Capturing Rollovers Presents Opportunities for Advisers

Advisers focusing on capturing rollover assets from the 401(k) market can look to three areas: the roll-in, the rollover and the roll-on.

Speaking at the 401(k) SUMMIT in San Diego, California on Tuesday, John Blossom, of Alliance Benefit Group of Illinois, said those three areas all have opportunities for advisers looking to build their businesses, especially as Baby Boomers retire and move into new jobs in their retirement.



The roll-in offers the most accessible assets, available through a “captive” audience at enrollment meetings, Blossom suggested. Further, there is little competition for that money, other than the possibility of an adviser at the old plan trying to capture, or hang on to the assets. By consolidating accounts, a participant will find it easier to manage their retirement plan assets, which also can be a selling point for them.

This can also be a good thing for plan sponsors, Blossom said, because by increasing the plan’s size, and the average participant balance, it can help to reduce plan sponsor costs – since many plan costs are based on average participant balance.



An adviser wants to avoid a distribution rolling out of the plan to someone else, Blossom said. Consequently, the rollover, upon termination or retirement, is a key point to capture assets. The rollover opportunity should be as simple as possible, he explained, saying that the more paperwork a person has to do, the less likely he is to complete the process.

Another reason that it is good to discuss the roll-in option at the enrollment meetings is that you can also talk about the need to consolidate assets once they leave the company. Blossom suggested that advisers must begin talking about the rollover opportunity at enrollment, rather than waiting until the point of distribution. This lets participants know that they have an option to turn to the adviser when they have questions or issues about dealing with their money. Advisers should make sure they can tell participants they offer a lifetime service, not just a retirement plan at the employer. Early communication about planning for after the job or retirement also streamlines a participant’s thinking, getting them focused on their retirement planning and thinking, he said.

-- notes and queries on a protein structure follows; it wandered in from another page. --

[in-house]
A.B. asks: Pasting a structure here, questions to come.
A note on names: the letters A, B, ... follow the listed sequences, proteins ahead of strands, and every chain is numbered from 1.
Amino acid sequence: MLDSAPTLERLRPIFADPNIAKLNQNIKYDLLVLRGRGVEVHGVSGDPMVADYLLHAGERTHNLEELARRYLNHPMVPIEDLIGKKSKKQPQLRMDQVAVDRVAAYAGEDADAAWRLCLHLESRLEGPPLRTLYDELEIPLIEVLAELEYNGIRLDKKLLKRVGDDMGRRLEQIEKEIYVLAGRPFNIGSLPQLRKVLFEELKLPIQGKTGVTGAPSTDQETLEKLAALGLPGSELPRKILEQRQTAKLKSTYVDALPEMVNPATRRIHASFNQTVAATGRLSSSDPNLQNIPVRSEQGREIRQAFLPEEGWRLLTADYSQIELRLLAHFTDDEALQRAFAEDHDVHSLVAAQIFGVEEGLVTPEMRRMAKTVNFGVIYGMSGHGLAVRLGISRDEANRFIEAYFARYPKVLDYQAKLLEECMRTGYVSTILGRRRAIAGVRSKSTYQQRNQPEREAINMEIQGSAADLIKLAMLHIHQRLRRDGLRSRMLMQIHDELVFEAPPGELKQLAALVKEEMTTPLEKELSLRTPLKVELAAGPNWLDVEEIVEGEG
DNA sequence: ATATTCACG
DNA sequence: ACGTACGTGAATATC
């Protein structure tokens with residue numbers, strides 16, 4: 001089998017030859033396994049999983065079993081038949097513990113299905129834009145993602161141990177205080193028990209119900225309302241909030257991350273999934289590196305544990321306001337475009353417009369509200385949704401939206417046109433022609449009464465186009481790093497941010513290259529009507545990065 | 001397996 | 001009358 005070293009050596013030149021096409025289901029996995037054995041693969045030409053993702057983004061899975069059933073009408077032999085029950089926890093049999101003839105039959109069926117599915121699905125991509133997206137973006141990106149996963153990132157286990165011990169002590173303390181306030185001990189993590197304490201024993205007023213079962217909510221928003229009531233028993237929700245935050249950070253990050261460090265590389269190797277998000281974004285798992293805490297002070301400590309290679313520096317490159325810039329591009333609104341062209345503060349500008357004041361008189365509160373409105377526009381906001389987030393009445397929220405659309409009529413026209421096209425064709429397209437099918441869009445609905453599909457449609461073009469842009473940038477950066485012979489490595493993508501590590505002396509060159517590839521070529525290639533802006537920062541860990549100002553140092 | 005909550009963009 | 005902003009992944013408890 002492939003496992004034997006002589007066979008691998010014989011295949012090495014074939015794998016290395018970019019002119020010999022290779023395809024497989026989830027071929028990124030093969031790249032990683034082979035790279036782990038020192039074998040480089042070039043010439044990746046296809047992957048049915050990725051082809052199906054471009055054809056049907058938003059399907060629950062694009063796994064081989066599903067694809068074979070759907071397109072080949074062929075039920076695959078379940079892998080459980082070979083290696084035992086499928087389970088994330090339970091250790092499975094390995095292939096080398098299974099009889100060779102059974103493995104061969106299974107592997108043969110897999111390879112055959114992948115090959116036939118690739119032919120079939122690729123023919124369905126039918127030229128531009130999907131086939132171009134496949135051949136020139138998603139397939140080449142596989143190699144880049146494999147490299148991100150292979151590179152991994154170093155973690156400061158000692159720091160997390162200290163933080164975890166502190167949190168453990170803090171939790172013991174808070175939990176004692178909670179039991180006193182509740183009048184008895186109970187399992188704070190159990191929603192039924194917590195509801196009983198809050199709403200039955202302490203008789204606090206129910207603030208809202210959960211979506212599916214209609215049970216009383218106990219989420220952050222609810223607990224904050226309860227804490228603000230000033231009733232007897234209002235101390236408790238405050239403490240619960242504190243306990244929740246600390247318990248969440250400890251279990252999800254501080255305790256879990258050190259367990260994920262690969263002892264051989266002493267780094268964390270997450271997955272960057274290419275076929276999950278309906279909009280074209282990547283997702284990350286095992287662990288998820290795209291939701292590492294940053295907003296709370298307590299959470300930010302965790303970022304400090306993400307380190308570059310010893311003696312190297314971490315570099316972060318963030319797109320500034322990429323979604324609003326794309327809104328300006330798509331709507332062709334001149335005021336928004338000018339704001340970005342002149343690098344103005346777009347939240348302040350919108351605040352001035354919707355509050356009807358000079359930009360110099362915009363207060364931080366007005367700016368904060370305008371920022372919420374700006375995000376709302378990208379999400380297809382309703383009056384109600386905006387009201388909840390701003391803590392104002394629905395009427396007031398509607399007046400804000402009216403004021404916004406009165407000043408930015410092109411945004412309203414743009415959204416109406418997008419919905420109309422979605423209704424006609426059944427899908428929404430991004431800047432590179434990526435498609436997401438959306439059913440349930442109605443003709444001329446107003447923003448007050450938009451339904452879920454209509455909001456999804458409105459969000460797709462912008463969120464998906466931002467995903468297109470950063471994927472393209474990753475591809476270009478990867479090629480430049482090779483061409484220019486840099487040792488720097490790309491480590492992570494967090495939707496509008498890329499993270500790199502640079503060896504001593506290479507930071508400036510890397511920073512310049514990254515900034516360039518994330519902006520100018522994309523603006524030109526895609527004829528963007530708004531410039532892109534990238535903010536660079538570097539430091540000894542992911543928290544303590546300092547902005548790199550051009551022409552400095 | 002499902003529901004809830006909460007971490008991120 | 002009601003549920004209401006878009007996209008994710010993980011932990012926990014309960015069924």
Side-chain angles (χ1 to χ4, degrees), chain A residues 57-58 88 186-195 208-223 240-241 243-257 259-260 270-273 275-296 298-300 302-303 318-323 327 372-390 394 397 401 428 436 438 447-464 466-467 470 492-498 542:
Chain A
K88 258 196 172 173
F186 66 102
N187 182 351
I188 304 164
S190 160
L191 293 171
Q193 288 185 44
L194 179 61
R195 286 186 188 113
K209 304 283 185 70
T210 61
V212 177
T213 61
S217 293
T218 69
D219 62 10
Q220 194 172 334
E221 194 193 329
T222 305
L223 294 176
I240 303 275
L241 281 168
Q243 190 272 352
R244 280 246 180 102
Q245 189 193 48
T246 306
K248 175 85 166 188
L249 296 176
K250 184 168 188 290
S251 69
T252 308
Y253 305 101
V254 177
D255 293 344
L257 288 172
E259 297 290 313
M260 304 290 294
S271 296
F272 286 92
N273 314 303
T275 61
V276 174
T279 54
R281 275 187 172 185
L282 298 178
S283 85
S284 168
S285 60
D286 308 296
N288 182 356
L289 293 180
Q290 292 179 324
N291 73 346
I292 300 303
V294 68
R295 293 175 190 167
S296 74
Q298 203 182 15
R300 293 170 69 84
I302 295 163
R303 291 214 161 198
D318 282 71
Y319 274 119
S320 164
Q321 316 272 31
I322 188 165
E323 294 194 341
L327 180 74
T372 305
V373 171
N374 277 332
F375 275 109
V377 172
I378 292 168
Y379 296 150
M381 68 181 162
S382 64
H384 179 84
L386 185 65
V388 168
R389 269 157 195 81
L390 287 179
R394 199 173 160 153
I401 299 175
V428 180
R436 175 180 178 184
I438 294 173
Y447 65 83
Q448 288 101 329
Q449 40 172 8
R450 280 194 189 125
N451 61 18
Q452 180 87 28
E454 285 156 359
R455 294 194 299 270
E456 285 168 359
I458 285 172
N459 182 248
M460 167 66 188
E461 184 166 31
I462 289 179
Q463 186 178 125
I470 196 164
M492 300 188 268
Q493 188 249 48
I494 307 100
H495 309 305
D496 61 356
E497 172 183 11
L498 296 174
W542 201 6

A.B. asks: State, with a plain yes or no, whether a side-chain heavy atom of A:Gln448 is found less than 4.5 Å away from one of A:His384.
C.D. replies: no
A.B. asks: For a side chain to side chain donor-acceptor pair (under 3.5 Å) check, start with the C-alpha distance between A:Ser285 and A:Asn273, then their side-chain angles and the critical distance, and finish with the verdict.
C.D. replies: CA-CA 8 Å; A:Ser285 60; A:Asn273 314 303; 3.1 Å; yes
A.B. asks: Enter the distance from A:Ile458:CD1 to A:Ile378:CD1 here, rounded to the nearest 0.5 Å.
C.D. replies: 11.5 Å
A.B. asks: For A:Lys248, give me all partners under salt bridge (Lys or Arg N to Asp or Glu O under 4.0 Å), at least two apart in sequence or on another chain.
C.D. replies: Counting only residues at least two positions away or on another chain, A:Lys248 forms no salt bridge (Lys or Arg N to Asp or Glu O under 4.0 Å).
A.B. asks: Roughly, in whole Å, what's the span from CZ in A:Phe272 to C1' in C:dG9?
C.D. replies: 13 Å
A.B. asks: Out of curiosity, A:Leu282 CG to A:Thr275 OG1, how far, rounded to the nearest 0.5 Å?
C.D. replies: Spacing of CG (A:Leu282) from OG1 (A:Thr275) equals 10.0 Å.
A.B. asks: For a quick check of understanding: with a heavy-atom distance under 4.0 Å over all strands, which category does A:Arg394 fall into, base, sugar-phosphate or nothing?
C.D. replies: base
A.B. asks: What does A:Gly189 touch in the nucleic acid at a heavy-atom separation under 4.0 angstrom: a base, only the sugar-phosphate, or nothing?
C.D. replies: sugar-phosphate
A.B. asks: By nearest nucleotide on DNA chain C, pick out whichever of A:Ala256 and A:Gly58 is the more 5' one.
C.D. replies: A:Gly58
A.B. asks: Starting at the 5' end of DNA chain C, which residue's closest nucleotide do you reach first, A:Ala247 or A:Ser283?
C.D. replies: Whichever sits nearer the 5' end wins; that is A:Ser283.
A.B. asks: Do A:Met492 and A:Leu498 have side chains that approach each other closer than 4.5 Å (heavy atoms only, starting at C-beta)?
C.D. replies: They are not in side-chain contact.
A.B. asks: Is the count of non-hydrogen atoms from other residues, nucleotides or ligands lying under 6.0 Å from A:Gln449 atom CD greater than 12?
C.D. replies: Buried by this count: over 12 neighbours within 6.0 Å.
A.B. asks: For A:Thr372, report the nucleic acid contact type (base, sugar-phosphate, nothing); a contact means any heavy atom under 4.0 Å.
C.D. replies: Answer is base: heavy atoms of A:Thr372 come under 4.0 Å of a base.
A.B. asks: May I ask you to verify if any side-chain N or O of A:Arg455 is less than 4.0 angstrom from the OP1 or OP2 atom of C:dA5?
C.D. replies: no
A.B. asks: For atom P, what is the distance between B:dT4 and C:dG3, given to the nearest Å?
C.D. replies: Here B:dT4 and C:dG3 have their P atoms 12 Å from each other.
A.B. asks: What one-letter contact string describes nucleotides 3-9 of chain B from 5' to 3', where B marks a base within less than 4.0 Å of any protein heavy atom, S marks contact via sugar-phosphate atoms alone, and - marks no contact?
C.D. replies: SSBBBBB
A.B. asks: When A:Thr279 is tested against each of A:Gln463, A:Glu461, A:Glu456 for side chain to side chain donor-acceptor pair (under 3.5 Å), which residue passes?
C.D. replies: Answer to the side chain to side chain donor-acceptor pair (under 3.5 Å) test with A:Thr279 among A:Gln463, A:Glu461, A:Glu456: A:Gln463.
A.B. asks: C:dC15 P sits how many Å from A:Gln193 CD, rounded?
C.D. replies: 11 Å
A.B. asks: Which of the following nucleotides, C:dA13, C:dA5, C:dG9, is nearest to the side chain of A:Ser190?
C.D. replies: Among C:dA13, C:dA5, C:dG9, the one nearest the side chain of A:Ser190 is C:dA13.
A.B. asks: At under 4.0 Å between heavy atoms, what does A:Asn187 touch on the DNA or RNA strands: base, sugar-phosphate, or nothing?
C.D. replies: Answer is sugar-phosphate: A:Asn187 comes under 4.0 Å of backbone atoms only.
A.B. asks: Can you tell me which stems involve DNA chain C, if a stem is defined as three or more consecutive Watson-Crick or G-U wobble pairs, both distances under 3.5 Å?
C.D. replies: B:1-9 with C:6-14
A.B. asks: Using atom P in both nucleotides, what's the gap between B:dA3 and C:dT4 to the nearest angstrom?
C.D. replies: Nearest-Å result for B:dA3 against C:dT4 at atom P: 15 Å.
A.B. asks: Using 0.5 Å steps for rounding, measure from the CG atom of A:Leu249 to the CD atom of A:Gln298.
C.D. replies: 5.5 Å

Roll On

The roll-on, which is when a participant’s assets in the plan are retained beyond termination or retirement, is a possibility for those who have balances in excess of $5,000, but might only be useful to those with more significant balances, Blossom said.

This can be easy to sell to those whose assets are captured in a managed account program or who have been receiving individualized attention, because they then understand that their asset allocation has been specifically tailored for them, and they would lose that allocation if they moved their assets. When you are able to capture large balances early, it makes it less likely you will lose them, he commented. This is especially true when participants are generally happy – that makes it a harder sell for a competing adviser to steal their assets out of the plan.

Advisers can sell this to plan sponsors because, while it requires additional communication, when the plan retains the large balances, it can help to reduce plan sponsor cost, as with the roll ins, since the large balances raise the average participant balance, on which many plan costs are based.

In order to maximize their business growth from rollovers, advisers should create a marketing plan that describes the type of communication that will frame the adviser as an expert source of information. This should begin at the enrollment meeting, so the adviser isn’t waiting until the time of termination or retirement, when the participant will be less likely to look for advice.